FROM her vantage point in the cloakroom, Rose Garrity watched the dancers come and go at the Albert Ballroom.

It was the 1960s, and while foxtrots and waltzes were still around, high energy moves like the twist and the locomotion were taking hold.

The Albert, on Bath Street, was one of the best ballrooms in a city full of them. The building was destroyed by fire in 1974 and few photographs survive.

Rose’s son Joseph Kelly is on a quest to find old pictures – and he is hoping Times Past readers can help.

“My mum, Rose Garrity, was a cloakroom attendant at the Albert – she met singer Chris McClure, stage name Christian, there in the 60s,” he told us.

“She and her friend Thelma asked for his autograph and he obliged – although Thelma had nothing to write on so he wrote his name on her arm – she said she would never wash it off!”

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Joseph, who now lives in Renfrew, adds: “I was wondering if any Glasgow Times readers had any photos showing the ballroom, staff or performers in the 60s. I would love to see if I can spot my mum or even just see what the place was like when she worked there.”

Glasgow Times:

Our archives have a few pictures of the Albert, founded by councillor and dancehall entrepreneur John Warren in 1905.

Like others in his family, he had been a successful professional dancer; in 1922 he had been president of the National Association of Teachers of Dancing. Before the Albert, he had organised dances at the Argyll Halls in Duke Street and the Annefield Halls in Gallowgate.

When the Albert came into being, dancers wore gloves and slippers. In 1925, the hall was rebuilt and re-named the Albert Palais de Dance. In the mid-Fifties, it became known as Warren’s Albert Ballroom.

Glasgow Times:

To celebrate the 50th anniversary in 1955, Warren – who was 78 at that point - and his fellow directors reserved the ballroom on Monday, May 30, for former patrons. The following evening would see the directors entertain current customers.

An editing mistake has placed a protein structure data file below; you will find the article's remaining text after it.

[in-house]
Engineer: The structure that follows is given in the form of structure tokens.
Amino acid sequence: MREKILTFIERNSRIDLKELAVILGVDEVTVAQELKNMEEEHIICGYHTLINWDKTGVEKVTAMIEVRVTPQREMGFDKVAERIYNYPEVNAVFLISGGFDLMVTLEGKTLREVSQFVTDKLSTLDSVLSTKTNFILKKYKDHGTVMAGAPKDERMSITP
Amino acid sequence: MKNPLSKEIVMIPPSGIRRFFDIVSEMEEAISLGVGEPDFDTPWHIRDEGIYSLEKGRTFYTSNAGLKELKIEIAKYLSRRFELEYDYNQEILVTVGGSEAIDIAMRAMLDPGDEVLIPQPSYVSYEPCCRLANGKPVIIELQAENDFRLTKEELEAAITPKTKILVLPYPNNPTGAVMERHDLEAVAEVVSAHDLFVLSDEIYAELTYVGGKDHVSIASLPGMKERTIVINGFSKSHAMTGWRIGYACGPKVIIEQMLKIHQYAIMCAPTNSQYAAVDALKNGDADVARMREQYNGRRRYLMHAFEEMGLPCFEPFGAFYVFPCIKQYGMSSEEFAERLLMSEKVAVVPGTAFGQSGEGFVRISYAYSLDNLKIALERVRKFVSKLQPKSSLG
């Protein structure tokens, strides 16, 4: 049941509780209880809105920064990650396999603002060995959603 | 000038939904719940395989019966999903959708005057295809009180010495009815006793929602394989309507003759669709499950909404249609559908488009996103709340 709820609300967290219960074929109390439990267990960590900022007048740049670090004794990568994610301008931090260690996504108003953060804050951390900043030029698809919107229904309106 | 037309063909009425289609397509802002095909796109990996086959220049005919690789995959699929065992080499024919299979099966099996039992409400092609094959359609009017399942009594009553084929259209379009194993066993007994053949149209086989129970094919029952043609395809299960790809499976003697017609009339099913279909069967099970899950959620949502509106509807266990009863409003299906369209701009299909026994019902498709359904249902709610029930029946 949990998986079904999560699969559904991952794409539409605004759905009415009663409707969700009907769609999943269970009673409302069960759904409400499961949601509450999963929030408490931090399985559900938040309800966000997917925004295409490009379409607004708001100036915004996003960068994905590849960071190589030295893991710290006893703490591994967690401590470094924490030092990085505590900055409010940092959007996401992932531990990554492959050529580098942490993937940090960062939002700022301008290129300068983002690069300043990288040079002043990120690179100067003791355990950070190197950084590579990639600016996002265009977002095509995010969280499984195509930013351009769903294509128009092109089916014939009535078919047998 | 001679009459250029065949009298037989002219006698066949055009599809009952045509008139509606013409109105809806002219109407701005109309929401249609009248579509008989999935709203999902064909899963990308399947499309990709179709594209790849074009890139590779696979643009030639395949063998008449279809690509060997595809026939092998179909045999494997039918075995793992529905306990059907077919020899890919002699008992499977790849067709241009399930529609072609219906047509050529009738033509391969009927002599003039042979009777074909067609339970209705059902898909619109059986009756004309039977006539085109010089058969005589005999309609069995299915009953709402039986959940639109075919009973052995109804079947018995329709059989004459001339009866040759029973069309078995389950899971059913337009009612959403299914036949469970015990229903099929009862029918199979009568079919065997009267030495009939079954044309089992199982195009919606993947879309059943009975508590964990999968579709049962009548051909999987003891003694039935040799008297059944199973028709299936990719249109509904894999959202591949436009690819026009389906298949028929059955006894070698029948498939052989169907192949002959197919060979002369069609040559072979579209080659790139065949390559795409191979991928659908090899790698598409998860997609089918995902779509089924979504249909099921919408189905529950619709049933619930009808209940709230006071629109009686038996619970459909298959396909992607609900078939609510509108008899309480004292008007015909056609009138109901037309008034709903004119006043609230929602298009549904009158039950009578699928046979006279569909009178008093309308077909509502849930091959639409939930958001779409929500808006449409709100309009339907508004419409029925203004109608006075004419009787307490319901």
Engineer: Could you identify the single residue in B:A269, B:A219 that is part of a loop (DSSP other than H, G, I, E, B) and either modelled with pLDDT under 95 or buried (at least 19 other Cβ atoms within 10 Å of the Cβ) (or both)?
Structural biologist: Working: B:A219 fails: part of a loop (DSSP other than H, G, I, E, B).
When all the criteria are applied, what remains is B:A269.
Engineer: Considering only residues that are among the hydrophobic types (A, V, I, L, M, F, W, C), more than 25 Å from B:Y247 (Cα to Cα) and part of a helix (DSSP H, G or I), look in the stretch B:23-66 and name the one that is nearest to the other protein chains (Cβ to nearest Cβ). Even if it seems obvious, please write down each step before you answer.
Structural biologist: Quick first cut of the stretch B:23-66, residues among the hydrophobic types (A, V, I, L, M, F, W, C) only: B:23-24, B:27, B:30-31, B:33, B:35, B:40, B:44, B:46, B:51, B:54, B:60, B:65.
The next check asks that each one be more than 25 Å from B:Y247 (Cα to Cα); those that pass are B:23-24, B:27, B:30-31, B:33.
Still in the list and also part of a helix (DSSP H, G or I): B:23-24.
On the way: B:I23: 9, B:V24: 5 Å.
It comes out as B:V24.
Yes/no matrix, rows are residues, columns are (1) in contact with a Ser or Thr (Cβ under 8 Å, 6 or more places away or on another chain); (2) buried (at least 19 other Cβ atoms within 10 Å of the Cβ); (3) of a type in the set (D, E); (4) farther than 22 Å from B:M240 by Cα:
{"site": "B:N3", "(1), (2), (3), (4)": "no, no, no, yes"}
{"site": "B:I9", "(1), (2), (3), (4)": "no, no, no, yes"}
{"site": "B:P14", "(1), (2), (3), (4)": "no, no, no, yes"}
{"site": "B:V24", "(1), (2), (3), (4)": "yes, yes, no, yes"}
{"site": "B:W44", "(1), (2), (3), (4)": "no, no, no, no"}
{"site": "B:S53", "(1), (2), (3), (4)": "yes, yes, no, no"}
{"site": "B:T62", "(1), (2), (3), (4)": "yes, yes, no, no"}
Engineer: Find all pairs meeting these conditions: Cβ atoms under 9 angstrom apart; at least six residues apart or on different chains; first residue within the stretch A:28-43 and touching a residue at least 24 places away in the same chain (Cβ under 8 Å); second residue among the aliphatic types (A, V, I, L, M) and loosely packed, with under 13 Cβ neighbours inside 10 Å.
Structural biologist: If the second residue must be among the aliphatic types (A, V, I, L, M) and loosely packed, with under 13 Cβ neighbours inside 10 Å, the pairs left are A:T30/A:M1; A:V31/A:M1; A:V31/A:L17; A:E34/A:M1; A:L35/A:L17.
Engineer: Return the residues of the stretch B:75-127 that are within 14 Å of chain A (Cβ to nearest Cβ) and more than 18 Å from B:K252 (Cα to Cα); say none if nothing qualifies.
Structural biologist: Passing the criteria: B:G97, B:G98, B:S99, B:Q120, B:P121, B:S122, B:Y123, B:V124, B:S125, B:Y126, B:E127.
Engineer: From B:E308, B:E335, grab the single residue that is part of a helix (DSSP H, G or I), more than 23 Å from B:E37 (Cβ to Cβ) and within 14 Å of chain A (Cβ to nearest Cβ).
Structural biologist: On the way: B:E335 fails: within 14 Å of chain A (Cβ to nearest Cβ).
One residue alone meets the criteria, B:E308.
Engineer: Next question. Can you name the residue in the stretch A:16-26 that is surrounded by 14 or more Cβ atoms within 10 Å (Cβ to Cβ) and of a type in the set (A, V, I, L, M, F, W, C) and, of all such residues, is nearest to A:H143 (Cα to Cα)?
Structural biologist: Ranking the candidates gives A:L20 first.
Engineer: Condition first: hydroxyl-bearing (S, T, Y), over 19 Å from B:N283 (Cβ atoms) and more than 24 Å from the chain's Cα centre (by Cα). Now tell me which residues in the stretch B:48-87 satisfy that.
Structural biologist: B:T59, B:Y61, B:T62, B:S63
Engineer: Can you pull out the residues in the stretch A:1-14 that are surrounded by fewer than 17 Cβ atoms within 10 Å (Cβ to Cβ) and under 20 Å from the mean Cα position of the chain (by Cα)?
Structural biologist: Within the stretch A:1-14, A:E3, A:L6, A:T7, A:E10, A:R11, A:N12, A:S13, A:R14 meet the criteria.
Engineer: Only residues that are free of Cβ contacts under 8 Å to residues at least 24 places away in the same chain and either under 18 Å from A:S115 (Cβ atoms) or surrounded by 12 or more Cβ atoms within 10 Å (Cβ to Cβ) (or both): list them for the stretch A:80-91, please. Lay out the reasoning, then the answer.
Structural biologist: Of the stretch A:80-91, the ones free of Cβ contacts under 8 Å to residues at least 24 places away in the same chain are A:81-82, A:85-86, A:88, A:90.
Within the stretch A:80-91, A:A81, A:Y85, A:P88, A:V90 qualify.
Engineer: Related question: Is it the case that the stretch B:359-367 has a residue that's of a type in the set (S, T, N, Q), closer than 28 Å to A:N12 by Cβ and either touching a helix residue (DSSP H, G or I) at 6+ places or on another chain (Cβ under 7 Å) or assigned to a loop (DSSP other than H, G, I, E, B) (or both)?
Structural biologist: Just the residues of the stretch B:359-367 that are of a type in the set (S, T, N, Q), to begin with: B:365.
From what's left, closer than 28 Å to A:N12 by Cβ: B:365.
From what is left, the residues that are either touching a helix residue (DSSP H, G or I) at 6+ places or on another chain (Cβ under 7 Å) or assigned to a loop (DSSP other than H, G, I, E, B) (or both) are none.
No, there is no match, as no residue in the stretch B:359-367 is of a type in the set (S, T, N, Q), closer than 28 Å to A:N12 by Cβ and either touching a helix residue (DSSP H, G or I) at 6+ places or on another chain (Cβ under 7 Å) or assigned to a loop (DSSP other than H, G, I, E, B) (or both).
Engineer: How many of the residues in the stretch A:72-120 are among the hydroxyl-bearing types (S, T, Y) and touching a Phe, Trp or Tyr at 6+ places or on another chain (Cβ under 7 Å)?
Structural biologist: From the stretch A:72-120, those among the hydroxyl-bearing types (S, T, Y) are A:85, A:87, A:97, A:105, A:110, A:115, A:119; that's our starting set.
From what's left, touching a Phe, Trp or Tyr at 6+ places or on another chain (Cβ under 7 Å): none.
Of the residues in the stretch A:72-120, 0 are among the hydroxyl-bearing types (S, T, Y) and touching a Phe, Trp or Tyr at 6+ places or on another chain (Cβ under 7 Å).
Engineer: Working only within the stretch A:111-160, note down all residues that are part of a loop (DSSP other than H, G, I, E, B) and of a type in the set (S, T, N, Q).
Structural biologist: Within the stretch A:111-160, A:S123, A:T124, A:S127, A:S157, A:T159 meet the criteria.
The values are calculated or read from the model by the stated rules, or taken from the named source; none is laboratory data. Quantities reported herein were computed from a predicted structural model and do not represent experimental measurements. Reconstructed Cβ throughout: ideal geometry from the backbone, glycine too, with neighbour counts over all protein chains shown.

He told our newspaper’s Talk of the Times column that he was proud the Albert was Britain’s oldest public dance-hall.

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He also gave our reporter an interesting piece of information – that notorious socialite Madeleine Smith, who had been accused and found not proven of poisoning her lover in a scandal which still sets tongues wagging today, was supposed to have patronised a dancehall on Bath Street.

He had done some research, he told us, but had been unable to establish if it was true.

Glasgow Times:

The Albert closed down after a fire in 1953 but soon reopened, with the band reportedly wearing firemen’s helmets on the opening night.

The Warren family sold up in 1965. Later, a disco called Joanna’s opened up in the basement, but the building was destroyed by fire in 1974.

The Albert also played host to the Six Five Special in 1958. The show had been broadcast from the Kelvin Hall the previous year, to great acclaim – the first time the popular rock and roll dance show had been filmed outside London.

Glasgow Times:

We still have many readers who recall the Albert.

“I am now in my eighties and still have happy memories of going to the Albert once a week with two of my girlfriends during my teenage years,” Anna Aitken told the Evening Times in 2010.

“I still recall that we stood in the queue with our dance shoes in brown paper bags.”

Glasgow Times:

Can you help Joe find pictures of his mother, Rose?

Do you have any old photos of the Albert? Do you remember a different dance hall? The Denniston Palais, perhaps, or the Plaza at Eglinton Toll? Maybe you frequented the Astoria Ballroom on Sauchiehall Street, the F&F Ballroom at Patrick Cross, the Berkeley Ballroom opposite St Andrew’s Halls, the Barrowland or Green’s Playhouse – send us your stories and photos.